USMARC Twinning Herd Background
The USMARC created the Twinner herd to research multiple births in cattle in 1976 with research beginning fully in 1981 in order to explore the potential for increasing the output of calves relative to nutrient inputs for cow maintenance. Females that had previously produced multiple sets of twins were chosen for the herd, with no breed requirements.
Increasing the frequency of multiple births within the herd was one of the main objectives. The research team was very successful at increasing the occurrence of twins and triplets. When the research herd was dispersed starting in 2011, multiple births occurred 50 percent of the time, which was thought to be a nearly impossible feat when the herd was established, according to both Hays and Thallman.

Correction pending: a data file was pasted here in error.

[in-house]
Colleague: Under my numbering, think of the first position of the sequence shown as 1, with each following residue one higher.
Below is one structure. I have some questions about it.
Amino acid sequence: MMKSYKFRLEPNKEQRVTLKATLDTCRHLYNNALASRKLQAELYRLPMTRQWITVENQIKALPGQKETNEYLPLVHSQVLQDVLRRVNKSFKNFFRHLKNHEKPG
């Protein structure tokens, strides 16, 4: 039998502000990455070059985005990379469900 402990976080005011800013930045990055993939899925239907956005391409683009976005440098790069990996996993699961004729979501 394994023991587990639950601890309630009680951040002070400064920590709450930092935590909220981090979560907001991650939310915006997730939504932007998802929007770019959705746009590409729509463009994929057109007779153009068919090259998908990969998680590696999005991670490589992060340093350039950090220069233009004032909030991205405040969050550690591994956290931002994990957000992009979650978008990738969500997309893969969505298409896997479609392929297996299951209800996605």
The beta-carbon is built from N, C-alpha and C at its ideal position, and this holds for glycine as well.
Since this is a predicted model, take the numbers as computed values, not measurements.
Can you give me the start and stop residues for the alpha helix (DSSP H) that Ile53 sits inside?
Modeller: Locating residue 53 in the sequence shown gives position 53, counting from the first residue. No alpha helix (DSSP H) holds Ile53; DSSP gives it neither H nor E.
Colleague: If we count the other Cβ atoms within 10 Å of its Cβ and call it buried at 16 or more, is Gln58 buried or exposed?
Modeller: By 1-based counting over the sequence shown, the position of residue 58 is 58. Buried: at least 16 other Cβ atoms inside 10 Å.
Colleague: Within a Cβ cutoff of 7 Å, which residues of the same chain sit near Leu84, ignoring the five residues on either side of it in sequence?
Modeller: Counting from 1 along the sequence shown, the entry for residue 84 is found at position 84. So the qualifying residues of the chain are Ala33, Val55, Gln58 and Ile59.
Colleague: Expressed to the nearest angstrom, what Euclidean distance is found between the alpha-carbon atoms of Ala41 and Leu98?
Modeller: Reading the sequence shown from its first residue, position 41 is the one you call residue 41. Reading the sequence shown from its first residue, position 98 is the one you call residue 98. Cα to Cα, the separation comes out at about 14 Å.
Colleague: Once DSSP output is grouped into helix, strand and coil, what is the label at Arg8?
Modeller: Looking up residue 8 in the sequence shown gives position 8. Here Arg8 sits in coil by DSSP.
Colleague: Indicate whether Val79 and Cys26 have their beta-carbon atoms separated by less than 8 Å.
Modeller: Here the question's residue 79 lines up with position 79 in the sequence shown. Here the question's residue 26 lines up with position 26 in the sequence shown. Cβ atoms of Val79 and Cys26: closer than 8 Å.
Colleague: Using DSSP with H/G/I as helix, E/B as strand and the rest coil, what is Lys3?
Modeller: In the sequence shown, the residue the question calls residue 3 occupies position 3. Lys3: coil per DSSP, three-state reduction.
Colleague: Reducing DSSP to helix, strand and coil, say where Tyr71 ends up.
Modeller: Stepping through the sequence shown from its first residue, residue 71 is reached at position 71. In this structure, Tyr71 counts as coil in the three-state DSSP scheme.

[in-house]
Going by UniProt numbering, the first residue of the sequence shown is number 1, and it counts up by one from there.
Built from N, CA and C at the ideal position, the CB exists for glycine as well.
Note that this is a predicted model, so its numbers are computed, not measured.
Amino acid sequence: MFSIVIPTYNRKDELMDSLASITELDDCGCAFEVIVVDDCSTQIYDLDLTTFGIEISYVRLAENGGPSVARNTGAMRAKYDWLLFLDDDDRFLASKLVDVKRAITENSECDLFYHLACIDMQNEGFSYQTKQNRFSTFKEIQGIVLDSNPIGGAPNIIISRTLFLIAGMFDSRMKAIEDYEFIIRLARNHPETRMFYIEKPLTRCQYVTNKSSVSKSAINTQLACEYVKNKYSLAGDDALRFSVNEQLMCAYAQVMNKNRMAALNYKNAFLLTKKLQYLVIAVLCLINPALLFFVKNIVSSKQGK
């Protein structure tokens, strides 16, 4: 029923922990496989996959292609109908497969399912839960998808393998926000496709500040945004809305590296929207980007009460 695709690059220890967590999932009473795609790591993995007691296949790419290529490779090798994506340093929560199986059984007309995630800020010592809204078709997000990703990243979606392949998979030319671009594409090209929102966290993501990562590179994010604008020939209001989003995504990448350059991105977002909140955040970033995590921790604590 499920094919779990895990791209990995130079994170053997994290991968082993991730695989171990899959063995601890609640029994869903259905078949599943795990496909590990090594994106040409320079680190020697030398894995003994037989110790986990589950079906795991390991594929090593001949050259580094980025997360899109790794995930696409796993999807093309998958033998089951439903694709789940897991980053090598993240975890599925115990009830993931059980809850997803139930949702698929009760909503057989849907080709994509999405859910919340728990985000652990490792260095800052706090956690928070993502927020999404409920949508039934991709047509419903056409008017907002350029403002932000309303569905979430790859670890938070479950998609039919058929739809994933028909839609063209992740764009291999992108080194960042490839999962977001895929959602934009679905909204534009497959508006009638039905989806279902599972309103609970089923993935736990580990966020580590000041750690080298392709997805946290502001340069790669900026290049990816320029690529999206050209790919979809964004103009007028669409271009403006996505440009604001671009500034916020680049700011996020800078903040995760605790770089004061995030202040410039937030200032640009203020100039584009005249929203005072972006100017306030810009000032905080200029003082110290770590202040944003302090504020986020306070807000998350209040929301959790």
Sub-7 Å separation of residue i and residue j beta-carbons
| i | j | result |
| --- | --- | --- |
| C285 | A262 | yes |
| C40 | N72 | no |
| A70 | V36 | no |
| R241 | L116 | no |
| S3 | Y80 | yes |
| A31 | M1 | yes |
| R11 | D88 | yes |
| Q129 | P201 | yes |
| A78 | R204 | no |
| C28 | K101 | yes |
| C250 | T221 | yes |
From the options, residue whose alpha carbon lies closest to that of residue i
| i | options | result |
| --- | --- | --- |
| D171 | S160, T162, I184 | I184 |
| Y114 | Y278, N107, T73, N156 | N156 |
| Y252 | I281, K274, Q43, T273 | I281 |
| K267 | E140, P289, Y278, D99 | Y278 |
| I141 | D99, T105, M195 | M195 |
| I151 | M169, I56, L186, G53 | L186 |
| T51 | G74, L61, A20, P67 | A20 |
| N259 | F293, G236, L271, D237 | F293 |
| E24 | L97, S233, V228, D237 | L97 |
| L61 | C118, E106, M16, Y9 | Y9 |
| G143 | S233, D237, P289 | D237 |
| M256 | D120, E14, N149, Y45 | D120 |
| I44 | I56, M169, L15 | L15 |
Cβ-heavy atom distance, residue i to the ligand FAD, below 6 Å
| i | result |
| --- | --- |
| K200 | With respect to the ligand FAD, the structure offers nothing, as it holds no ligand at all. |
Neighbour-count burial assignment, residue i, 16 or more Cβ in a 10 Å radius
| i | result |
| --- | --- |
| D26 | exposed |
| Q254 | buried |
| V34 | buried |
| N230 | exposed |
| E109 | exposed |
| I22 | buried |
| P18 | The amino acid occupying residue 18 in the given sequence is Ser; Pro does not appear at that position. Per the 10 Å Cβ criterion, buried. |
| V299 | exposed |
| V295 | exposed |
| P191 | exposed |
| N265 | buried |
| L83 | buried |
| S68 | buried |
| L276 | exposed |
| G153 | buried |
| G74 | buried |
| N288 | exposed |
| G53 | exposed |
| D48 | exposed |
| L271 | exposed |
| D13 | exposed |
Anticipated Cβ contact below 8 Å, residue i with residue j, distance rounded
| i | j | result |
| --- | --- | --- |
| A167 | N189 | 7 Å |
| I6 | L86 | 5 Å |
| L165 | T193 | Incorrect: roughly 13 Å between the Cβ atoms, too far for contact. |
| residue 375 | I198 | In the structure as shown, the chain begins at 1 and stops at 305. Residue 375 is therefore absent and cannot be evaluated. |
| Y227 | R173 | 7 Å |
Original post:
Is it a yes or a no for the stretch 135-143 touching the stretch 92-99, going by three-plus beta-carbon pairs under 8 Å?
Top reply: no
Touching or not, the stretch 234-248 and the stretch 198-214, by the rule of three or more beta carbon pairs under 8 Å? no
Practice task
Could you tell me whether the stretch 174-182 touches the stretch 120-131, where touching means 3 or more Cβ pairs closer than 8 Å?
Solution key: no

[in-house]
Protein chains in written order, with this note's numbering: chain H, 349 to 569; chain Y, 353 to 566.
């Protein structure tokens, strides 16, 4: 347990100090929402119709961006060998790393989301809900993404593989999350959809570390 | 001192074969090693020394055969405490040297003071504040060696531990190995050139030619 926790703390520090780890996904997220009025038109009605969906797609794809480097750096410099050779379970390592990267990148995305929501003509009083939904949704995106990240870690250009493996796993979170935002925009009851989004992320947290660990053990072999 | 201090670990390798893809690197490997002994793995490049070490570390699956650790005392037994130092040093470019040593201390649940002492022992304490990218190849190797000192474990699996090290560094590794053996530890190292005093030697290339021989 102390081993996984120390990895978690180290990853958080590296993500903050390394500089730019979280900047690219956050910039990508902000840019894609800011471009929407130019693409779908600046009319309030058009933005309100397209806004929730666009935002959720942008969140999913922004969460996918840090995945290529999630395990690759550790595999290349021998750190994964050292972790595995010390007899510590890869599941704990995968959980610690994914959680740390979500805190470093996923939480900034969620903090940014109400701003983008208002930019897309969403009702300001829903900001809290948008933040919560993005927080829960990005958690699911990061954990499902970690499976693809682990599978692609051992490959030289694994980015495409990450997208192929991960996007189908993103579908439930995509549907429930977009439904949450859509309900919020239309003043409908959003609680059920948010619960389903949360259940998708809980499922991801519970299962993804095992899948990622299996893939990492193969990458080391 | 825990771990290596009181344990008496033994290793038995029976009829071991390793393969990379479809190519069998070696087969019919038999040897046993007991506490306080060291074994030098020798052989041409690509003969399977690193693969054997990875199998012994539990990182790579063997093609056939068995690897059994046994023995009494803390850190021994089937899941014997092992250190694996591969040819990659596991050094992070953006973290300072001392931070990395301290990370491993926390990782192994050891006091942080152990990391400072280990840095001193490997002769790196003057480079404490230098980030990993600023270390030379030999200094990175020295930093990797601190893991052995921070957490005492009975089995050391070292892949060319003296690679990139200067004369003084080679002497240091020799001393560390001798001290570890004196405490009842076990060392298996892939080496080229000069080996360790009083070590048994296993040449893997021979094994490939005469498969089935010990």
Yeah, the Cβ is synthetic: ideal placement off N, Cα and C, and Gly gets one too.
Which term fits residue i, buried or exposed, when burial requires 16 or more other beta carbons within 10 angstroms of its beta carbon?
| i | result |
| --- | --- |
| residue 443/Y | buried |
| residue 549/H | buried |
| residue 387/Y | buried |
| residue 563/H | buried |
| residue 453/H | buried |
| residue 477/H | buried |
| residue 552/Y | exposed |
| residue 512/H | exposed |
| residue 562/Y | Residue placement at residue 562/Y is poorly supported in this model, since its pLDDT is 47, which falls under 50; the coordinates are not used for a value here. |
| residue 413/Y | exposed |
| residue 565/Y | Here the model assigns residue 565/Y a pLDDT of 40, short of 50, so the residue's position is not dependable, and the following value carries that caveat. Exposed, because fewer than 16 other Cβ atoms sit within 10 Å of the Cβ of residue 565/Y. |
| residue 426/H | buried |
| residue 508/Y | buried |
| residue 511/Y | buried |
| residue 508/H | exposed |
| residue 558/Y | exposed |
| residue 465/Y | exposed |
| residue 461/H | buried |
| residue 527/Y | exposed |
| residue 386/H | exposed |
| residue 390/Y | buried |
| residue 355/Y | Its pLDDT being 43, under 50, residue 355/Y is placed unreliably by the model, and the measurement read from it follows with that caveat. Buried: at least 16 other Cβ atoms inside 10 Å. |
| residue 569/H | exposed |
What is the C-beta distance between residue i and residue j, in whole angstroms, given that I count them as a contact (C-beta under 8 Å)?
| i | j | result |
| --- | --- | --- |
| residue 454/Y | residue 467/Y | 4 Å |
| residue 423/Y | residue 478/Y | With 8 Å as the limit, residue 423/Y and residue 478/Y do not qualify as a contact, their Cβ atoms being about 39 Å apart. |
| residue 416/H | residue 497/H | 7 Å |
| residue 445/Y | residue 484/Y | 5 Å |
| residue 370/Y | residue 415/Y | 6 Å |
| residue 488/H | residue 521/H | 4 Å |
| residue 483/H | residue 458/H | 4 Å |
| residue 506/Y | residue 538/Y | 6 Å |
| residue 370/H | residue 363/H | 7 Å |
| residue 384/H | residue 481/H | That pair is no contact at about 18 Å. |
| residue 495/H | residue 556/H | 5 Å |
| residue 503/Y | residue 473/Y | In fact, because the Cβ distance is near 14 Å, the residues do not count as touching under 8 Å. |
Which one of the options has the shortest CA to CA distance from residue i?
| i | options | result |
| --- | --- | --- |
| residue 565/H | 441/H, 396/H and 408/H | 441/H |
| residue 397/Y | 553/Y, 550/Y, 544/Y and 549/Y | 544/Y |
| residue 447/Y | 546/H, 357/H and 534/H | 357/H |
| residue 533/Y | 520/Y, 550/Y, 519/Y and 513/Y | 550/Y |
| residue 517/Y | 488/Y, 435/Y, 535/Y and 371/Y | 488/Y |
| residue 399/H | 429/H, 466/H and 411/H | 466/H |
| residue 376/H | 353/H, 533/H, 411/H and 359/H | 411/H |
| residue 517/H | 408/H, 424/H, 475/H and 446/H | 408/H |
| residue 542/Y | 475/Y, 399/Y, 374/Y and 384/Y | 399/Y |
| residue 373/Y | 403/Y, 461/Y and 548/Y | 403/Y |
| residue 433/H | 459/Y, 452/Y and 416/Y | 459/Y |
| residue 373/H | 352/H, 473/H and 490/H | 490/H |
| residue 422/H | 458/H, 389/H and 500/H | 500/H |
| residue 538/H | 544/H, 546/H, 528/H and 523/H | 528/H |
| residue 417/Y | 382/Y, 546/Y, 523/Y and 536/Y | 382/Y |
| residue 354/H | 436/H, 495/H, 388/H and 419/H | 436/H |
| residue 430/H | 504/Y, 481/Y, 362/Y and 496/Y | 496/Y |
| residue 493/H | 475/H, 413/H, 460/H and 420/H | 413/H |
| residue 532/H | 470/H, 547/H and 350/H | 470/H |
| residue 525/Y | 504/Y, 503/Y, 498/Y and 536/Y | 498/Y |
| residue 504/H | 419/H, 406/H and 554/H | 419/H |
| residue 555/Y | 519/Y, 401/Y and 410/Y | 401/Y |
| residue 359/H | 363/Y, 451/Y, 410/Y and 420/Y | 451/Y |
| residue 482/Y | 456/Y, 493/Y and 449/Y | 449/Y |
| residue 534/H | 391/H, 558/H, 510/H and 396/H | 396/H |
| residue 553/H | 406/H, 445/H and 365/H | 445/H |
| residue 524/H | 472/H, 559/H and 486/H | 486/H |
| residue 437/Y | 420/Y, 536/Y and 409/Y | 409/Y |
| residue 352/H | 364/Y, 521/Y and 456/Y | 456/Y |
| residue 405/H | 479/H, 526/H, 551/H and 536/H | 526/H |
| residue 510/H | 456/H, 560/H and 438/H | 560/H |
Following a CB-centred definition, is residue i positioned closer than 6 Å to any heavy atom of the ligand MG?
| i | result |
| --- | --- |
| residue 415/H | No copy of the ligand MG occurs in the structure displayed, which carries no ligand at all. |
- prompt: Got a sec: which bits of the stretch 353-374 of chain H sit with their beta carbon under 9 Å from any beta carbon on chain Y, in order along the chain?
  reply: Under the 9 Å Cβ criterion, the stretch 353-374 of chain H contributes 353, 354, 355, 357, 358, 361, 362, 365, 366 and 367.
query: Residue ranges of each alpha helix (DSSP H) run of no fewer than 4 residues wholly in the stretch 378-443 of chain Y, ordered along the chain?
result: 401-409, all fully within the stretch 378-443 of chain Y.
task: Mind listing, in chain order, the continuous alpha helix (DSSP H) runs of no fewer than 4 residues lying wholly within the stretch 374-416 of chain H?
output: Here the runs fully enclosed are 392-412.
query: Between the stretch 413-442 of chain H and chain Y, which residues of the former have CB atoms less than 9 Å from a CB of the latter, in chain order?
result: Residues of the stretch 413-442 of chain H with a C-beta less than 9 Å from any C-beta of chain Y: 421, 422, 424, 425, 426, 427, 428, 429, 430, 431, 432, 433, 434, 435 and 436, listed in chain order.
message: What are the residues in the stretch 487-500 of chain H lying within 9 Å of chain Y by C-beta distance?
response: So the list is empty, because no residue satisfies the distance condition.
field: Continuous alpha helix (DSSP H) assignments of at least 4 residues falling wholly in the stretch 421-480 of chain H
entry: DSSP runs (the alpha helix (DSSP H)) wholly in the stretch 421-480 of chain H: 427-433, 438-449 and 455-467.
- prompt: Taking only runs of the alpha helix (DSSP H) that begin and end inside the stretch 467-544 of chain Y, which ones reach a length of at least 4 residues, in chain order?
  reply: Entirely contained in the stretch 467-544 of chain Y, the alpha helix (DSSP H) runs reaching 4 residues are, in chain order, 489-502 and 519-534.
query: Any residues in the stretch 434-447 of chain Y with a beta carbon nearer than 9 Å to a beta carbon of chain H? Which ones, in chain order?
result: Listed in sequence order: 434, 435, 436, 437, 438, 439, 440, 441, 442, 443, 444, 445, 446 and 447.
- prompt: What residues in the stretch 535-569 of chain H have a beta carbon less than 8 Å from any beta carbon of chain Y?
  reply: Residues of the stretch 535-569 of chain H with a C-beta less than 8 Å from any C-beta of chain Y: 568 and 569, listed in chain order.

Thallman explained that the center was able to increase the rate of multiple births by studying the ovulation rates of the females within the herd. By selecting the heifers that had released multiple eggs during an estrus cycle, they in turn were able to increase the occurrence of multiple births from those multiple ovulations. Studying the ovulation rate with the aid of ultrasound gave them the opportunity to examine many ovulations without having to wait for a confirmed multiple birth pregnancy.
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